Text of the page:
Thanks to June Eggert for sharing her insight into a special neighbor who will turn 100 this month.
HELENE SAUL PARRY
By June Eggert
Helene Parry moved into The Seabrook retirement community 29 years ago as one of the first five residents to buy an apartment there.
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She says she walked up the stairs to the fifth floor while the first building still was under construction and looked out the window of one apartment. She liked what she saw, so she bought it. Her husband, George, had died two years earlier, and though she loved their home in Sea Pines, just one lot back from the ocean, she longed to be where she could mingle with people most of the day.
The Seabrook turned out to be exactly the kind of home she would love for the next 30 years of her life. She chose to leave her apartment and move into The Fraser Health Center, attached to The Seabrook administration building, about two years ago. She says, "We have such fun down here. We're all one big, happy family."
Today, Helene has become an inspiration to the entire Seabrook community. She spends her days walking around the entire "campus," pushing her walker ahead of her at a jogging rate that leaves companions out of breath.
From time to time she finds a good sunny spot to stop for a while and "commune with nature." She talks with anyone who stops to chat. There isn't any subject she can't converse about knowingly. Her mind is filled with wonderful stories about life in general and her own very remarkable life in particular. Today she will tell you that she is "busy every minute of the day" except for when she takes a nap.
Helene believes her long life has been a special gift because she always has loved people, especially children. When she learned at an early age she could not bear children, she chose to earn degrees in social work. She graduated from West Virginia University with a master's degree in social work, then became a case worker for the Children's Home Society of West Virginia. Eventually, she taught social studies in Union College in Barberville, Ky.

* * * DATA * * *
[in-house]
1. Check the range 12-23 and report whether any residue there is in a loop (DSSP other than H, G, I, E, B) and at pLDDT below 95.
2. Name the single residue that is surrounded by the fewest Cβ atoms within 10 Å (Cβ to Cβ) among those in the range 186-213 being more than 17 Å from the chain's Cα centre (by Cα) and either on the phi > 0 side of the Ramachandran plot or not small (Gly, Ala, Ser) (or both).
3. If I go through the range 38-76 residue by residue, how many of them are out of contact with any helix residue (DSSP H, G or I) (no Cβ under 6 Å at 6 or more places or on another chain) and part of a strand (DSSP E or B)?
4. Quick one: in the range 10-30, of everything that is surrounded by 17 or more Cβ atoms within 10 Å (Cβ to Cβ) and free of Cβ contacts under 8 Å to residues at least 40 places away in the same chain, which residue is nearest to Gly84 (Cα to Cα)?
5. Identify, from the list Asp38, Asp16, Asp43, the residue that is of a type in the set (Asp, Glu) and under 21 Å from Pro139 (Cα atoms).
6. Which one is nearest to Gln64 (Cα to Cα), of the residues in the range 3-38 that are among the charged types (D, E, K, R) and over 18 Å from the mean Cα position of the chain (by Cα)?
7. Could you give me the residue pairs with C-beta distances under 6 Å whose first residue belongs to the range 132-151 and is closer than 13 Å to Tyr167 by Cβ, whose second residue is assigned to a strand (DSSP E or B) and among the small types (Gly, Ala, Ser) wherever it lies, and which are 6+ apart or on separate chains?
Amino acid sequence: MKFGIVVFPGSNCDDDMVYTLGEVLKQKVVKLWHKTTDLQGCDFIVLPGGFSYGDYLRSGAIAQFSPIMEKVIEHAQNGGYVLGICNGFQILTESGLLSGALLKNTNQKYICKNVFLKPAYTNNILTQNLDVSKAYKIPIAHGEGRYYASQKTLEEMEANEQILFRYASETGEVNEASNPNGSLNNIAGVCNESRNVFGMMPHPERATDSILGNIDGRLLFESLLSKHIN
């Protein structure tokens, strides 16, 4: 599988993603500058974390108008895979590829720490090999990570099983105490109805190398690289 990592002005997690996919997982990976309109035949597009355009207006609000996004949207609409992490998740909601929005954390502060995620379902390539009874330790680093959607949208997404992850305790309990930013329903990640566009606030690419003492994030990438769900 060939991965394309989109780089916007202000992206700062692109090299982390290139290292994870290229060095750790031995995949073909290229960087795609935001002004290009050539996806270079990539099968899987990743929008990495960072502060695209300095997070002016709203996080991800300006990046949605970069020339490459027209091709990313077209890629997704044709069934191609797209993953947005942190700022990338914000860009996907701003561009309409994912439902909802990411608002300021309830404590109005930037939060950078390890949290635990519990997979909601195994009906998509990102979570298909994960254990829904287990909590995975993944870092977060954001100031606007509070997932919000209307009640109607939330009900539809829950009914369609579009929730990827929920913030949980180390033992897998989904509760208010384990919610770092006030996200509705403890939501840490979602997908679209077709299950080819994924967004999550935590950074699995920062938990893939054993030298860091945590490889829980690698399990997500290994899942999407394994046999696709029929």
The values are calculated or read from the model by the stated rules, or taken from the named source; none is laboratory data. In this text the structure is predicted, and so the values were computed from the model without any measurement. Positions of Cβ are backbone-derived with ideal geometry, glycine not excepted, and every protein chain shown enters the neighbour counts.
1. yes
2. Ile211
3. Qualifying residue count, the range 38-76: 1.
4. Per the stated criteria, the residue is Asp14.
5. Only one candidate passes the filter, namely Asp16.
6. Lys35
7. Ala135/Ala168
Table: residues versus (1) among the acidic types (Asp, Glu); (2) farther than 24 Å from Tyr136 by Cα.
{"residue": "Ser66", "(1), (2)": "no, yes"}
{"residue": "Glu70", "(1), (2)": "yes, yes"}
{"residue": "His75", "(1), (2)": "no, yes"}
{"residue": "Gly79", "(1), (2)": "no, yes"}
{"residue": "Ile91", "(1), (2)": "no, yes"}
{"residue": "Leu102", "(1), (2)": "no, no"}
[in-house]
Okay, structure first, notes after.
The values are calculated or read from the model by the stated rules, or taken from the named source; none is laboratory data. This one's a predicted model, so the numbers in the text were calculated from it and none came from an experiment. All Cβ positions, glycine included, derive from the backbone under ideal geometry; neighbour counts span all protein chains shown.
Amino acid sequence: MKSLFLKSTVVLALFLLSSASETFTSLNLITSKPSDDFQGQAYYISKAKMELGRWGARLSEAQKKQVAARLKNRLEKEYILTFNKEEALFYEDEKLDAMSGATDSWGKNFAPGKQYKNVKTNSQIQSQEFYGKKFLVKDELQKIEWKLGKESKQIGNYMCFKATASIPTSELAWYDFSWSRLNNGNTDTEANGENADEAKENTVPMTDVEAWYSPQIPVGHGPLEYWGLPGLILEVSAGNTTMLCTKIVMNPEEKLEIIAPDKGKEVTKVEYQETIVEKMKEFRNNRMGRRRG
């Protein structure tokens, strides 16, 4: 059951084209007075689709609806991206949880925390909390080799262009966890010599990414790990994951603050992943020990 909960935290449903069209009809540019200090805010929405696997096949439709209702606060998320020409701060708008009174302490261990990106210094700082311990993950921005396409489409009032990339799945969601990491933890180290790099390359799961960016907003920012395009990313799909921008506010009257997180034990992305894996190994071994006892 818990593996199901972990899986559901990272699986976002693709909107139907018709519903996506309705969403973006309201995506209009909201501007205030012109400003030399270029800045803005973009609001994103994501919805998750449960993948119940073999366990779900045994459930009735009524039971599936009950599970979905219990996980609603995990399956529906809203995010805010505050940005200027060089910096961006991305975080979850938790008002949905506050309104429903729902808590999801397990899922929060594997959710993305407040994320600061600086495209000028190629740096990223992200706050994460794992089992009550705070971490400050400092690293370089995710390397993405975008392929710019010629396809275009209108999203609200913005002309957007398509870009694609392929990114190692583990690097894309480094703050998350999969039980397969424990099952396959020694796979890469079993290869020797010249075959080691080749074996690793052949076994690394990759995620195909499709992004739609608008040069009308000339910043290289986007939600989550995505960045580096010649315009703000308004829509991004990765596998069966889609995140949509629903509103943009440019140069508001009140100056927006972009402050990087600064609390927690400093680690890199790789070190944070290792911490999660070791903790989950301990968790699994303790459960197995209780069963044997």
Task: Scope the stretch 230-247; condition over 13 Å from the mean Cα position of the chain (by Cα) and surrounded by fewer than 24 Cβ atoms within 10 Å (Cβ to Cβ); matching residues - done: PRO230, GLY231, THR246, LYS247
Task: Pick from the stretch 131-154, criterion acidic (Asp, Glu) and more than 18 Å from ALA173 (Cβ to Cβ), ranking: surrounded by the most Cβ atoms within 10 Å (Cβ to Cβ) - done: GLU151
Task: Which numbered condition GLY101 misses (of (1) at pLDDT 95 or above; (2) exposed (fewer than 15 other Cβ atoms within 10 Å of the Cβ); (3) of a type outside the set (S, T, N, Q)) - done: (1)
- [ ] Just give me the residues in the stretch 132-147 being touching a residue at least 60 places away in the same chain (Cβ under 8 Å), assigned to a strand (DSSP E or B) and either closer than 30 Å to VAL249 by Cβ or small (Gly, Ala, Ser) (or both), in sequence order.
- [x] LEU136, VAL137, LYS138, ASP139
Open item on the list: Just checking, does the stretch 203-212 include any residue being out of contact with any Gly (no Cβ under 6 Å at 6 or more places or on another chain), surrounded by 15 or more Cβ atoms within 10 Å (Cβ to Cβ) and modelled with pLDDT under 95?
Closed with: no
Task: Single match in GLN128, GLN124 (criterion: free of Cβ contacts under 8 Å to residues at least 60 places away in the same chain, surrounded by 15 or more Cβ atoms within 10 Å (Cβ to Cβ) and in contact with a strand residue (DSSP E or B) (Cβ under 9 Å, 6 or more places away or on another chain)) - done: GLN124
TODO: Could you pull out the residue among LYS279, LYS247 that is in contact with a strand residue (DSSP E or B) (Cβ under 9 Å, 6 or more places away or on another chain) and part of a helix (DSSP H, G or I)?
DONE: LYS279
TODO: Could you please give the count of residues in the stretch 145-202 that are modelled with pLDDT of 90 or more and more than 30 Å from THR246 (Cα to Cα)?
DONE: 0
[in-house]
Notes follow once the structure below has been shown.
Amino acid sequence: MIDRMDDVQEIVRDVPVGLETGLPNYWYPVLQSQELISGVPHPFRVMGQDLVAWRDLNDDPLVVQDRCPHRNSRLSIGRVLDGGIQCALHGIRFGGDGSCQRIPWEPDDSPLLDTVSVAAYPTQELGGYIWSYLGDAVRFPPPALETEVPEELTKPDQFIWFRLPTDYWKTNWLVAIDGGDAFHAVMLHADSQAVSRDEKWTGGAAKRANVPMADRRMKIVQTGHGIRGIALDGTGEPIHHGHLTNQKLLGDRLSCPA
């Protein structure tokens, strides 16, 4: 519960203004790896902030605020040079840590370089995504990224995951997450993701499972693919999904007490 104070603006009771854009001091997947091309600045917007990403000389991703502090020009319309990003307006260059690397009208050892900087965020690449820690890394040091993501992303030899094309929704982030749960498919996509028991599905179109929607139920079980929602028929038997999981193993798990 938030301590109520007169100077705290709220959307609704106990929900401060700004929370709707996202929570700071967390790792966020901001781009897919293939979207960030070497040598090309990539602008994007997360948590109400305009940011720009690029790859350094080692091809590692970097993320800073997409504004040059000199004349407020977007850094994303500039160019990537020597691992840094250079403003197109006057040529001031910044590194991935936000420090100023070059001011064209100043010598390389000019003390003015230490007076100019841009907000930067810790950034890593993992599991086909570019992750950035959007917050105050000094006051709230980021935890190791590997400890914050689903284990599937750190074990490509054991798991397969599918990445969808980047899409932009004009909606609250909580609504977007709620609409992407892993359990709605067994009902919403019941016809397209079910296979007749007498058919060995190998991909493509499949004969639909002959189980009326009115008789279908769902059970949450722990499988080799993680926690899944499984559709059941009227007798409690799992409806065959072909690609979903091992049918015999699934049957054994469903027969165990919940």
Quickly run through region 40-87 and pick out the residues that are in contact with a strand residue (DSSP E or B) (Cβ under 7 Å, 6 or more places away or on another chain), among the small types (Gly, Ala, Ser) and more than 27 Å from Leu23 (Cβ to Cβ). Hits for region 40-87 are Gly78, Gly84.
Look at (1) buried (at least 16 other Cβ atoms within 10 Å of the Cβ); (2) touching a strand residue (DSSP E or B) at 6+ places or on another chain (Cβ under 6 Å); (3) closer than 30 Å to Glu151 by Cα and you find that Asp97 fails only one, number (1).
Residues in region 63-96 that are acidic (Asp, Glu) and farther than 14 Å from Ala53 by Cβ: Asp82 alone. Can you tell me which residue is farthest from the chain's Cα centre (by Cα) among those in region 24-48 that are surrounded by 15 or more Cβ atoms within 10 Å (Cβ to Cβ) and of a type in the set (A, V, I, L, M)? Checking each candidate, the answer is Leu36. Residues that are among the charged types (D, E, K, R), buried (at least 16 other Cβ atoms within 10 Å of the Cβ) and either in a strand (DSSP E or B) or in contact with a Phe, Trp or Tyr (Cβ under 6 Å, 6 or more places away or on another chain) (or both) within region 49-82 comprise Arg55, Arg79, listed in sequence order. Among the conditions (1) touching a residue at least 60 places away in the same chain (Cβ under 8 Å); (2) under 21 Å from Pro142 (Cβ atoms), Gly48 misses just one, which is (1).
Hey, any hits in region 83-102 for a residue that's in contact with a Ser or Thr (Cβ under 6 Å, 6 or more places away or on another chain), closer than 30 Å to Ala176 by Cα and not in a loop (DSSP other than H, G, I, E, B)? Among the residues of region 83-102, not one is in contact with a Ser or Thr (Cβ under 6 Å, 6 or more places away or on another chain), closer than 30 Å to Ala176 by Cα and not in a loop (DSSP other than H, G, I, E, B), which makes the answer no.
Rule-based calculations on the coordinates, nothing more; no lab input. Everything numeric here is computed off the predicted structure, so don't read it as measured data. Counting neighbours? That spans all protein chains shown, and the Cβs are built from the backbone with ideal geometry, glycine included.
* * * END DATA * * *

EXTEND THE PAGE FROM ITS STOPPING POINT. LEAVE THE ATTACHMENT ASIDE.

She will tell you that her mother was a "remarkable woman" who always encouraged her to follow her instincts and go out into the world to educate herself to the highest degree.
The family lived in Rogers Park, a Chicago suburb, where she was born. She went to a private pre-kindergarten by the time she was 3. When she was about 10, she was smitten with books. Her mother allowed her to ride alone on the elevated train to Marshall Fields department store in downtown Chicago so she could spend her time in its third-floor book store. She loved being surrounded by books and meeting other people who shared her intense interest.
When she graduated from high school, her mother sent her to the London School of Economics in England to become prepared to understand and face the approaching Depression.
During the summer she attended school in Geneva, Switzerland, to study the League of Nations and international relations.
The Depression wiped out her family's source of income, so she had to return home and go to work. She opened a day care center in her home. She tried to enlist in the Army to be "a soldier," but instead, they hired her to work attending board meetings to check out the security of many high-explosive plants around the country.
That is how she met her husband, George Parry, who also was on the boards. When he was sent to a new job for the government in West Virginia, she followed him and took a job in a laboratory nearby. One day George asked her to accompany him to a weekend in Washington, D.C. She said she would have to refuse, "unless they got married first." So, they did.
Her love of people has led her to travel all over the world, often alone but usually with one special friend or with groups such as the Audubon Society. She has kept a list of more than 68 trips she made from 1981 through 1999: Scotland, Venezuela, Alaska, Iceland, the Panama Canal, England, Costa Rica, the trans-Canada railroad, Hawaii, the Galapagos Islands and many sites in the U.S. are just a few of the places she has enjoyed visiting and learning about in person.
Today Helene still reads The Economist magazine and watches only one TV station: C-SPAN, which deals with current affairs.
Ask her what keeps her going with such fervor, she says, "I just enjoy the world. I love people, love meeting people ... that's what it's all about ... people, people, people."
That's all there is to living a fun-filled life for 100 years.
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